Instead, a O(n_tickets) (and O(1) memory) solution:

  ticket difference_max[2] = { 0, 0 };
for (size_t i = 1; i < tickets_n; i++) {
if (tickets[i] - tickets[i - 1] > difference_max[0]) {
if (tickets[i] - tickets[i - 1] > difference_max[1]) {
difference_max[0] = difference_max[1];
difference_max[1] = tickets[i] - tickets[i - 1];
}  else {
difference_max[0] = tickets[i] - tickets[i - 1];
}
}
}

• Thank you for taking the time to review my code! Your solution shows the intent very effectively. Mar 12 at 3:46

We don't really need to store and sort the entire list of gaps. We're just interested in the largest gap we can cover with two tickets (that's max_gap_size) and the largest two gaps that can each be covered by a single ticket. We can use a simple form of insertion sort to create the latter, which scales better for both time and space.

The code for that is reasonably straightforward:

static const long min_ticket = 1;

static void swap(long *a, long *b)
{
long tmp = *a;
*a = *b;
*b = tmp;
}

static double solve(long *tickets, size_t n_tickets, long max_ticket)
{
// First, put the tickets in sequential order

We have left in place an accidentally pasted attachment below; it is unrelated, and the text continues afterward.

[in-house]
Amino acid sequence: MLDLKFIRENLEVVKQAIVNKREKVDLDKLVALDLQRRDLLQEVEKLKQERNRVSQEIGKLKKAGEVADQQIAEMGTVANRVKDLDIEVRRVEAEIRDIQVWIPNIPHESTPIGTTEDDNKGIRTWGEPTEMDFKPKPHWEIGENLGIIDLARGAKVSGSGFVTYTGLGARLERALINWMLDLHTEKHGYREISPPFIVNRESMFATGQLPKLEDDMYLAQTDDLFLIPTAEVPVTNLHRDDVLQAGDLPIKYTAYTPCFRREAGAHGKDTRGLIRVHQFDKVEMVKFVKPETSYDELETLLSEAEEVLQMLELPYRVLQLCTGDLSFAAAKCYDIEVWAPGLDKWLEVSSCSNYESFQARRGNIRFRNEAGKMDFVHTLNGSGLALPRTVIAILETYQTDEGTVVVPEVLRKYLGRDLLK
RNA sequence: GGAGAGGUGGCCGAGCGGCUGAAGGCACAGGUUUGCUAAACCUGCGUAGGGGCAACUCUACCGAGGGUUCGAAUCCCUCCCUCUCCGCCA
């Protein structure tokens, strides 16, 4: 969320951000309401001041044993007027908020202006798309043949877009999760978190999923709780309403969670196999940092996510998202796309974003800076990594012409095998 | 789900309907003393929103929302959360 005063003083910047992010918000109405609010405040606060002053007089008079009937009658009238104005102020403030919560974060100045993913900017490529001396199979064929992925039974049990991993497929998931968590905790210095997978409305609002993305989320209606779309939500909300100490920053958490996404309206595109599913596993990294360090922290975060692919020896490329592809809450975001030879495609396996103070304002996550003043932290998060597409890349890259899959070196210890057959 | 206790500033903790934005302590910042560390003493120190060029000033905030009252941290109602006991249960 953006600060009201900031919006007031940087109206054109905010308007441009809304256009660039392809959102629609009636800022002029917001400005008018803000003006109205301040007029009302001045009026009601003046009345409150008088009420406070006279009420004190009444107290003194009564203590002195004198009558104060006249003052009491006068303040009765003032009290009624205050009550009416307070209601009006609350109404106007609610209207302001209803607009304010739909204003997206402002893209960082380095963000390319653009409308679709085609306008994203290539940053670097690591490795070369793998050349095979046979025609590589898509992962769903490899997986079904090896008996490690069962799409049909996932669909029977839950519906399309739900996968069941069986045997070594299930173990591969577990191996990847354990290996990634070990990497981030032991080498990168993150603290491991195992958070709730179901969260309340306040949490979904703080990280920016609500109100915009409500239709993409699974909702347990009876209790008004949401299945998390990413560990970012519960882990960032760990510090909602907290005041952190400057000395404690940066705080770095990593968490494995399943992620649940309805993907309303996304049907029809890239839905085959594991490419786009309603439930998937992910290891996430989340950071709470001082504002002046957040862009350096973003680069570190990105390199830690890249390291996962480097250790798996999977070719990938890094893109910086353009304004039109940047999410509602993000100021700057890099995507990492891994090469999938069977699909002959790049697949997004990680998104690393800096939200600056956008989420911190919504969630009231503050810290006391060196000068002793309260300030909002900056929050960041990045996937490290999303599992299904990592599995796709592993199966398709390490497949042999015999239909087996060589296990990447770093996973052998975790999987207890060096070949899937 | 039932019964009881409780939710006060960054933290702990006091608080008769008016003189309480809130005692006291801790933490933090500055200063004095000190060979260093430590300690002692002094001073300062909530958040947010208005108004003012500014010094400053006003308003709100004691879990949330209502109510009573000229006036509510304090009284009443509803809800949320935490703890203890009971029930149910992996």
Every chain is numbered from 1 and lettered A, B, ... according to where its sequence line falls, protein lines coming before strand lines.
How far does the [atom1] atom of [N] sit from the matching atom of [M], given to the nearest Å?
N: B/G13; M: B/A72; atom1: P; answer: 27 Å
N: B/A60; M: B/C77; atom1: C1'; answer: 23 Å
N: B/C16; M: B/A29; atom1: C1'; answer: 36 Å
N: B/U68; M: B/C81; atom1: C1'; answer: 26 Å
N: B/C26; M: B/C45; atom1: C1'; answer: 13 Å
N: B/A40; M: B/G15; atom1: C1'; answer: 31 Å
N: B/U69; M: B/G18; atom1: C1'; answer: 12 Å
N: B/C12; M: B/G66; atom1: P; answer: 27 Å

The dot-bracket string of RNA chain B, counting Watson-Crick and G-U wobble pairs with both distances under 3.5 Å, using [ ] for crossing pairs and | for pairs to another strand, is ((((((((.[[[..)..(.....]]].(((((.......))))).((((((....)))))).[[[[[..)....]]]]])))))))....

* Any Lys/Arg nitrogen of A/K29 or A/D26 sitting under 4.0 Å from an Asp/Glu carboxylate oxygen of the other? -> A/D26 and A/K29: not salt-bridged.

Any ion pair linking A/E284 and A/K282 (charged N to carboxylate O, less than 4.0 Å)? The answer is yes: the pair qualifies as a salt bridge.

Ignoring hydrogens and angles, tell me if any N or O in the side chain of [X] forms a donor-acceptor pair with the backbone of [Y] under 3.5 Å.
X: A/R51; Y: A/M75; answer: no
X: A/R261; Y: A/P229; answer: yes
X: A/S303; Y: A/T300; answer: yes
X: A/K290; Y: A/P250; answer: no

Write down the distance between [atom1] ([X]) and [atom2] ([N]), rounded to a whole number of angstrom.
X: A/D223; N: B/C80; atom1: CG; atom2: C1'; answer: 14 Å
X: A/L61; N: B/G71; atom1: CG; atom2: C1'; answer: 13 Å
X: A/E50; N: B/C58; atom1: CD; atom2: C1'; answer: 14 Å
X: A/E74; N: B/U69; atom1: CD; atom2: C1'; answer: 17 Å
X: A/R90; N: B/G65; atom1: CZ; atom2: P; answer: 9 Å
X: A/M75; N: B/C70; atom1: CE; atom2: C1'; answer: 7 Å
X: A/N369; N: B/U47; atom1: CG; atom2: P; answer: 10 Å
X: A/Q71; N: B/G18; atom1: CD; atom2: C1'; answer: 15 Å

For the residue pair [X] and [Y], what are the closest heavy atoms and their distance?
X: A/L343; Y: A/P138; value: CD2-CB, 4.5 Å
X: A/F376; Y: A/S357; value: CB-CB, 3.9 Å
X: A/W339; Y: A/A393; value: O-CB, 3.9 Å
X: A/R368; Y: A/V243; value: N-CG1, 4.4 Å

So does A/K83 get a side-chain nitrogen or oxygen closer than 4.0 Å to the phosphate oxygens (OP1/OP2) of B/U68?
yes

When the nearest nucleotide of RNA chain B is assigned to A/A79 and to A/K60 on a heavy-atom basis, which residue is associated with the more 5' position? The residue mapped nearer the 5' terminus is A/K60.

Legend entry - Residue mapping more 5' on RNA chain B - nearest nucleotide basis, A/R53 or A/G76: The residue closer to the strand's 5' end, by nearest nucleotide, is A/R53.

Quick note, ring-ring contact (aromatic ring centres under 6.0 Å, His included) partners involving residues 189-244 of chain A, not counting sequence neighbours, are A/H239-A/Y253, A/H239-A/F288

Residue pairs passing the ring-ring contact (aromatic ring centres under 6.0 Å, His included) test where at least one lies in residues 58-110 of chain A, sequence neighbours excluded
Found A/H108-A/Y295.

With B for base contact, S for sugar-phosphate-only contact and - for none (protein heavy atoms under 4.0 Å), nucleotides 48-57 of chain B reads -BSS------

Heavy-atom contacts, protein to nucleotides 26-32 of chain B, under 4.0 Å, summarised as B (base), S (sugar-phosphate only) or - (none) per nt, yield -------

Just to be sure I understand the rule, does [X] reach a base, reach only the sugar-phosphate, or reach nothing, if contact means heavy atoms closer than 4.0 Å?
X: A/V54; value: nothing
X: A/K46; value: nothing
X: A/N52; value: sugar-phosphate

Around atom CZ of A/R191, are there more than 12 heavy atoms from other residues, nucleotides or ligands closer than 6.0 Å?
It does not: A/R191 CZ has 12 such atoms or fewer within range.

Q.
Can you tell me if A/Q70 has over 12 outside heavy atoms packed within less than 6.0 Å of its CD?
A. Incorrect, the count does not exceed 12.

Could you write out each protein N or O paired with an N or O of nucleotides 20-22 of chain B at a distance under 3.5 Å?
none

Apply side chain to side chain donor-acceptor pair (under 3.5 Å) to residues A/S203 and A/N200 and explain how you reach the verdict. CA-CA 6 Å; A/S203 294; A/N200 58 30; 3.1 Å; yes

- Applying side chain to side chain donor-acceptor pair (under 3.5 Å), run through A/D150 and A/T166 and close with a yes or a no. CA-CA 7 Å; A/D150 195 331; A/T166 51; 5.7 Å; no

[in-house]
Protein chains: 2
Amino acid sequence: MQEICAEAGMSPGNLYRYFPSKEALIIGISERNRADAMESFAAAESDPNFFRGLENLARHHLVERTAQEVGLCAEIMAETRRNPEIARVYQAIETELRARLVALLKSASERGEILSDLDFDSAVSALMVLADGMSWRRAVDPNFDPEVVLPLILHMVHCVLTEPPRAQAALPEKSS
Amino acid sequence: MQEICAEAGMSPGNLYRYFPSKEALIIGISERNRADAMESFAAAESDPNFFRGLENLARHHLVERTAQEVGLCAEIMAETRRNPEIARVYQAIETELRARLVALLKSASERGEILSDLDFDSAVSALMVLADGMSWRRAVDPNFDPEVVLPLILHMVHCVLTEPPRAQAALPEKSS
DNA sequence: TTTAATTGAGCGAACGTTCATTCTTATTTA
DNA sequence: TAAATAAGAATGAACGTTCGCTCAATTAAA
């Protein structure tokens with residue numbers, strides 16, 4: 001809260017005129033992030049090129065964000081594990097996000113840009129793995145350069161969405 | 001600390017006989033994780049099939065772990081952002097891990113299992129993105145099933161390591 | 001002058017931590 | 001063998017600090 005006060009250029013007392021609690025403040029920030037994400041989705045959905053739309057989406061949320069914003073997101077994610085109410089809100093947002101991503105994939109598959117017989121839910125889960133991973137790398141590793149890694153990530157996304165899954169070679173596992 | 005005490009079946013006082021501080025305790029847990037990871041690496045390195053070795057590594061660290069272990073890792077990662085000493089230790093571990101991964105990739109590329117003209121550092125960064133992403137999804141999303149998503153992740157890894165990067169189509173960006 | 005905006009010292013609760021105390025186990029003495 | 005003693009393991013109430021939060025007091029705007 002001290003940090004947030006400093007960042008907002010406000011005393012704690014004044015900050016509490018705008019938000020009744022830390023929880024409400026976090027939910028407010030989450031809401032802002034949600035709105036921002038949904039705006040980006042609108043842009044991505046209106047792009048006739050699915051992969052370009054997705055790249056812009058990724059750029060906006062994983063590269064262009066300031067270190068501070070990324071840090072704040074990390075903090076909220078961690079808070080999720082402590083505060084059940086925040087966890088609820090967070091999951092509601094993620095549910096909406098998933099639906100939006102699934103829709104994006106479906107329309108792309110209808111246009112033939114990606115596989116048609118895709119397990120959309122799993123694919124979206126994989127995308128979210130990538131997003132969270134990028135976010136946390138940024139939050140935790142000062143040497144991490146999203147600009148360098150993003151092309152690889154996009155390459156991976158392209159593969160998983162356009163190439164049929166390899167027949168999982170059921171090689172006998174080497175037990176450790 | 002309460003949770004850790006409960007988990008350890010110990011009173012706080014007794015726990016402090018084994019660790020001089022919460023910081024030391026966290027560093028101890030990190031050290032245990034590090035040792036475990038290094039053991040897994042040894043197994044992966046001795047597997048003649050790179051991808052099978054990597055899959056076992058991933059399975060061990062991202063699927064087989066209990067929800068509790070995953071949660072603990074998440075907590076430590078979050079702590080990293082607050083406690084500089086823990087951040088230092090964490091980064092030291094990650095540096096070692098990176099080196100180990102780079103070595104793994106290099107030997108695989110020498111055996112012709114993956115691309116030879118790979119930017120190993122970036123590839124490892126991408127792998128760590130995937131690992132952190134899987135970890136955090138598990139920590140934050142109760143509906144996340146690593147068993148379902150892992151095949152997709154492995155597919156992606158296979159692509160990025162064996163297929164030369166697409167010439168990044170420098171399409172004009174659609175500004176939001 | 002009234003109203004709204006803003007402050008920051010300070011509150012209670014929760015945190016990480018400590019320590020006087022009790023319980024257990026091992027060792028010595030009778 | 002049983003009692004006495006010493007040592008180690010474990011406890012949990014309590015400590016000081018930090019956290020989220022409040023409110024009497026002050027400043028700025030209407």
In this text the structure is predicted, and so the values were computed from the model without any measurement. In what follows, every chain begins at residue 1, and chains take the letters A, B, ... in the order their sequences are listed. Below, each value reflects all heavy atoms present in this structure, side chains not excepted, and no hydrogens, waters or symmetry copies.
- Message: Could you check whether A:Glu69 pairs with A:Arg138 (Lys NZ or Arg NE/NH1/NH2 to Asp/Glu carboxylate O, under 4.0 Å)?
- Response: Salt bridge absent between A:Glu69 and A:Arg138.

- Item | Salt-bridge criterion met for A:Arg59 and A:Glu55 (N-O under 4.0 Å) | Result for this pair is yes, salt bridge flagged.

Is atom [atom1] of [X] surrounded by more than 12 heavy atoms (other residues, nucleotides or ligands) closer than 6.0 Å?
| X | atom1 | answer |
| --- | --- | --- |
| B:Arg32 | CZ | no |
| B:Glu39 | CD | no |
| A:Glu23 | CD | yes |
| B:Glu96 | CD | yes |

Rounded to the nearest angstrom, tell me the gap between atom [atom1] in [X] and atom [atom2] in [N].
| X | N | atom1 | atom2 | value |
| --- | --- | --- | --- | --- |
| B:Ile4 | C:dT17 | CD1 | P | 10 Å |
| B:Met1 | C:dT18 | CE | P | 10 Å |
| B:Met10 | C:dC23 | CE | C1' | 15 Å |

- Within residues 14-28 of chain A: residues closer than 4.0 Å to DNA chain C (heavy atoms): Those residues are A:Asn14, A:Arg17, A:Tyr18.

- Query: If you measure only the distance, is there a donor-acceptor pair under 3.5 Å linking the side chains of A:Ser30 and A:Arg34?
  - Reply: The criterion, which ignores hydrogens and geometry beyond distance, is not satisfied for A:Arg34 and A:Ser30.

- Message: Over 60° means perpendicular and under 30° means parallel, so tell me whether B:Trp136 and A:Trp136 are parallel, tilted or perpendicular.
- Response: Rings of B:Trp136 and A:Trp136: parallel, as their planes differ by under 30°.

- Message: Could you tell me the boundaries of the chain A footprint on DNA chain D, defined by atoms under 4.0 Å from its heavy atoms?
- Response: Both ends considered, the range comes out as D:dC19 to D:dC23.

qsort(tickets, n_tickets, sizeof *tickets, cmp_long);

// Largest two ranges that we can cover using one ticket.
// Start with the two ends, which we can completely cover with a single ticket
long gaps[2] = {tickets[0] - min_ticket, max_ticket - tickets[n_tickets-1]};
if (gaps[0] > gaps[1]) {
swap(&gaps[0], &gaps[1]);
}
// Largest range that we can cover completely using two tickets
long max_gap_size = 0;

// iterate over the interior gaps
for (size_t i = 1;  i < n_tickets;  ++i) {
if (tickets[i] <= tickets[i-1] + 1) {
// no gap
continue;
}
const long gap_size = tickets[i] - tickets[i-1] - 1;
// Number of tickets that we can cover by buying a single
// ticket in this gap (divide the size by 2 and round up).
const long single_ticket_size = (gap_size + 1) / 2;
if (single_ticket_size > gaps[1]) {
// new biggest single-ticket range
gaps[0] = gaps[1];
gaps[1] = single_ticket_size;
} else if (single_ticket_size > gaps[0]) {
// new second-biggest range
gaps[0] = single_ticket_size;
}
// Alternatively, we can buy two tickets to cover a single gap
// completely.
if (gap_size > max_gap_size) {
max_gap_size = gap_size;
}
}

// Total size of our two largest single-ticket options
const long top_two_gap_sizes = gaps[0] + gaps[1];
// Choose between covering one large gap or two smaller gaps.
if (top_two_gap_sizes > max_gap_size) {
max_gap_size = top_two_gap_sizes;
}
return (double)max_gap_size / max_ticket;
}


I also added a shortcut for the "no gap" case where ticket numbers are equal or consecutive. Not only does this reduce processing, but it also avoids an overflow if we switch to unsigned ticket numbers (which we should, given we know the lowest-numbered ticket is 1).

And I replaced the preprocessor macro MIN_TICKET with a properly-typed constant value - that's always good practice where possible.